There is the challenge that some students will come for the last few days and cram it all in, but the Discord platform is the middle ground, and students will take the notes and pull them apart and discuss them. I think the notes need to exist and I also think they should be used as a springboard. We are trying to build a platform where we have students’ notes added to other students’ notes, and if a student doesn’t understand one part, they can follow another section and get even more student-made content. We are aware of the overall challenge and are trying to mitigate it.

What would the ideal education system look like for you?

Zubair: I don’t see assessment to be a big part of the future – as we become more technology-focused moving forward. I think teachers should become more like mentors and there should be more continuous assessment. It would be less about the assessment itself and more about where the student has progressed with their learning. There should also be more freedom with what you learn. At the moment, we are so bound by the syllabus that the curriculum can only be delivered in a scalable way through notes. I see us moving more towards core skills being assessed, like critical thinking and teamwork.

At the moment, we are so bound by the syllabus that the curriculum can only be delivered in a scalable way through notes.

I also think we are heading in a direction with a lot of machine learning skills and there is some really cool development in the essay marking space. For example, they are using millions of data points to understand each individual student and are using different references to get to grips with the complexities and differences within sentence structures.

I think when we get to a point where the education system accepts technology is here to stay, and we start to develop further tools, not to put people into boxes but support different skills, then we will finally be heading towards a better education system.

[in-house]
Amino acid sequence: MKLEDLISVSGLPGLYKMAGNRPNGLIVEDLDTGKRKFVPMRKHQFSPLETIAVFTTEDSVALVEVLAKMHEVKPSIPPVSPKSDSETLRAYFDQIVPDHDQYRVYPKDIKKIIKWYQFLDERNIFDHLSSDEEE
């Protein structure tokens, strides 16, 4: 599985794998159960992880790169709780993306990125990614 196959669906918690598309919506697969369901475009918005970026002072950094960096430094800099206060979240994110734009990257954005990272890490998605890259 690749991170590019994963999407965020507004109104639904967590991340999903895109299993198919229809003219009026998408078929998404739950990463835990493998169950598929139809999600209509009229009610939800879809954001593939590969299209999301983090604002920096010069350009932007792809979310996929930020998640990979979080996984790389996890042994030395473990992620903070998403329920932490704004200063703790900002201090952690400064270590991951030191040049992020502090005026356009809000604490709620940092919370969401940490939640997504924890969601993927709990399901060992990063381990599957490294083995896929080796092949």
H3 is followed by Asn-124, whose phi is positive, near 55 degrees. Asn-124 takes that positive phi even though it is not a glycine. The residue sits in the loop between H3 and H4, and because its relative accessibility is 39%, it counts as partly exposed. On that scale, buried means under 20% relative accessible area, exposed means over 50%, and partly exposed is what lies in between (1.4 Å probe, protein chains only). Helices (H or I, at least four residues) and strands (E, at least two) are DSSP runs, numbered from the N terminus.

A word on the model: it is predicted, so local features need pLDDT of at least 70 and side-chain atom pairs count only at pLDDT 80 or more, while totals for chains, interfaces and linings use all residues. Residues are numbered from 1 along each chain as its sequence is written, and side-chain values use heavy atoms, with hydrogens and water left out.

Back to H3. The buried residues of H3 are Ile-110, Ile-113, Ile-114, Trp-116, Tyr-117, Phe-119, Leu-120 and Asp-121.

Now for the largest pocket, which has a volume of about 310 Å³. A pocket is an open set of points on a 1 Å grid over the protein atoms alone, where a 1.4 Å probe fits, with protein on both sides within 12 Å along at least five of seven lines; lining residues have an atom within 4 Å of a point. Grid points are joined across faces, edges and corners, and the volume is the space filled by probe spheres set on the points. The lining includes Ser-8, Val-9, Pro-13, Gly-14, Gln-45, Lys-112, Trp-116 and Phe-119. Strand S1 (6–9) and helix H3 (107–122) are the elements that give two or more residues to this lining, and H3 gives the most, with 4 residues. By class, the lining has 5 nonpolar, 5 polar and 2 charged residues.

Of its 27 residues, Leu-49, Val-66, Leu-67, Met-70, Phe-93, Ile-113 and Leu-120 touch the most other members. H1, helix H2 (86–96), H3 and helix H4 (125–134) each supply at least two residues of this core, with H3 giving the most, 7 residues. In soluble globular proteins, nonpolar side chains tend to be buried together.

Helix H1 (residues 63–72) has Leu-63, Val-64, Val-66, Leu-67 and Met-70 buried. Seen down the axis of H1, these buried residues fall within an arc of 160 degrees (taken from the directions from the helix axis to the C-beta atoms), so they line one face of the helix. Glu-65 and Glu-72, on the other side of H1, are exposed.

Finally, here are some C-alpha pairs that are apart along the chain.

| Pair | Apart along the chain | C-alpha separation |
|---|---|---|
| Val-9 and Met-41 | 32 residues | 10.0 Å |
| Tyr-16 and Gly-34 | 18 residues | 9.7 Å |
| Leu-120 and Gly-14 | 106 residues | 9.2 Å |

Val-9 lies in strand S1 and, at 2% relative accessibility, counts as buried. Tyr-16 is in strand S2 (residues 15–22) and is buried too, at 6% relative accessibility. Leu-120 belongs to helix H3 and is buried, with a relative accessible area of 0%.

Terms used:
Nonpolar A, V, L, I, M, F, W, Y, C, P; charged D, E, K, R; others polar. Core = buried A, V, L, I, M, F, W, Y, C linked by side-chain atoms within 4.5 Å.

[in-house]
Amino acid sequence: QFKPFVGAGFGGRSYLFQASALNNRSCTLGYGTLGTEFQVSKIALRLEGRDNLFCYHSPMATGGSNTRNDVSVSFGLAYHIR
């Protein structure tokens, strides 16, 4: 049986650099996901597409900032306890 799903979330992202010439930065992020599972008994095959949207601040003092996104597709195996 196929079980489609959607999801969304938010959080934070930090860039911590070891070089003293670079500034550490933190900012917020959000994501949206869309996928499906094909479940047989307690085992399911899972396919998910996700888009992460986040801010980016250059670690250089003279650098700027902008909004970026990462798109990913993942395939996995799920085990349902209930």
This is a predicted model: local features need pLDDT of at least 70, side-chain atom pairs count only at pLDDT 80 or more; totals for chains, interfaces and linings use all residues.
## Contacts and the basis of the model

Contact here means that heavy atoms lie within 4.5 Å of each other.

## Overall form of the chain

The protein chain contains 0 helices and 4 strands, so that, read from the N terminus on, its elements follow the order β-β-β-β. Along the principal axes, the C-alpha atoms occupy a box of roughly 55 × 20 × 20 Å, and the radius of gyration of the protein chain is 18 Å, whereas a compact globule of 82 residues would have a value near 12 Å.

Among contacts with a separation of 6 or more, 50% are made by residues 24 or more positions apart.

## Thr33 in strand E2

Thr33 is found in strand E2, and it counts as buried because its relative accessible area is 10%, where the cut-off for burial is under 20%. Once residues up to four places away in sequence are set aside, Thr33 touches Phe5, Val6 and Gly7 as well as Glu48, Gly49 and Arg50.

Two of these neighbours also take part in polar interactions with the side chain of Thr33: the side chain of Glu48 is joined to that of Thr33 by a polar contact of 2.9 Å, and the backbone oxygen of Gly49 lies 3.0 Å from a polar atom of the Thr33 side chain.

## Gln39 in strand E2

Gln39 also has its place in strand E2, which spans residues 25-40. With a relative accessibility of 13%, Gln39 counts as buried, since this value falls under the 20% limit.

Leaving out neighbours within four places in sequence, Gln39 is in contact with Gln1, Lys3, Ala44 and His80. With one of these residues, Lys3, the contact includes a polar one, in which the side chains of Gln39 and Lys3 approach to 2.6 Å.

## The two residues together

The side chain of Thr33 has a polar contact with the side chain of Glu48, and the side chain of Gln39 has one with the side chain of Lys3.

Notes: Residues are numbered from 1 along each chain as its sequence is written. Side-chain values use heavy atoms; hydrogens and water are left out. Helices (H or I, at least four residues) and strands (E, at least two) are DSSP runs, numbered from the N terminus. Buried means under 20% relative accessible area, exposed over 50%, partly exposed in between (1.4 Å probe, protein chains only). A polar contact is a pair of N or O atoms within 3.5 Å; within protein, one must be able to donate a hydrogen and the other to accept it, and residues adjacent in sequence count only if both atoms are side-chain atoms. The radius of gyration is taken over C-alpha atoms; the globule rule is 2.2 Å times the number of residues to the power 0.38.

Above: The ZNotes study guides

How has Covid impacted ZNotes?

Zubair: We actually faced quite a big drop over the last two years because we normally have natural traffic around May and June time. We had none of that last year because of exams being scrapped. However, what we have had is time to reset and we’ve been doing some redevelopment of the site and thinking about different offerings, like our live classes. Before the pandemic, there were a lot of fringe things that we always wanted to do, and lockdown actually gave us more space to do it.

More generally, Covid has given us a reset button and forced us to use technology in education. Every school and everyone who didn’t want to use it in learning before, have had to take it on. Some have done better than others and moving forward, we can’t go back to the way things were before. We need to learn from it.

What is great is that we are thinking about accessibility so much more: for example, children that can’t travel every day. We are also thinking of new ways to interact with children (e.g. transcription on the bottom of their screen for children who struggle with concentration). Equally, with tech, we need to make sure we aren’t losing the magic of bringing people together in real life!

What’s the ultimate goal for ZNotes?

Zubair: My personal ambition is for it to grow. In my view, 3 million is still a small number to reach in terms of the global population, so my question is how do we get beyond this. With ZNotes, we’ve been able to prove is that this community-led model is functional, effective, and low resource-intensive. It doesn’t require school, teacher training, or the development of a curriculum. You are using people who are learning to be teachers as well.

With ZNotes, we’ve been able to prove is that this community-led model is functional, effective, and low resource-intensive.

What I would like to do is take this model and apply it to parts of the world where the education model is not as developed. Ideally, we would work directly with NGOs and governments and say “here’s our solution in a box, let’s go on the ground and implement it”. This would mean we can reach as many students as possible and make high-quality education accessible; this comes with a challenge for people who think that rural and underdeveloped countries don’t have technology. These countries aren’t as disconnected as people think and we have been able to connect with them before. Now we just need to make those connections meaningful.

That’s the hope and dream.

Contact Us

Drop us a line and we'll be in touch today
Thank you! Your submission has been received!
Oops! Something went wrong while submitting the form.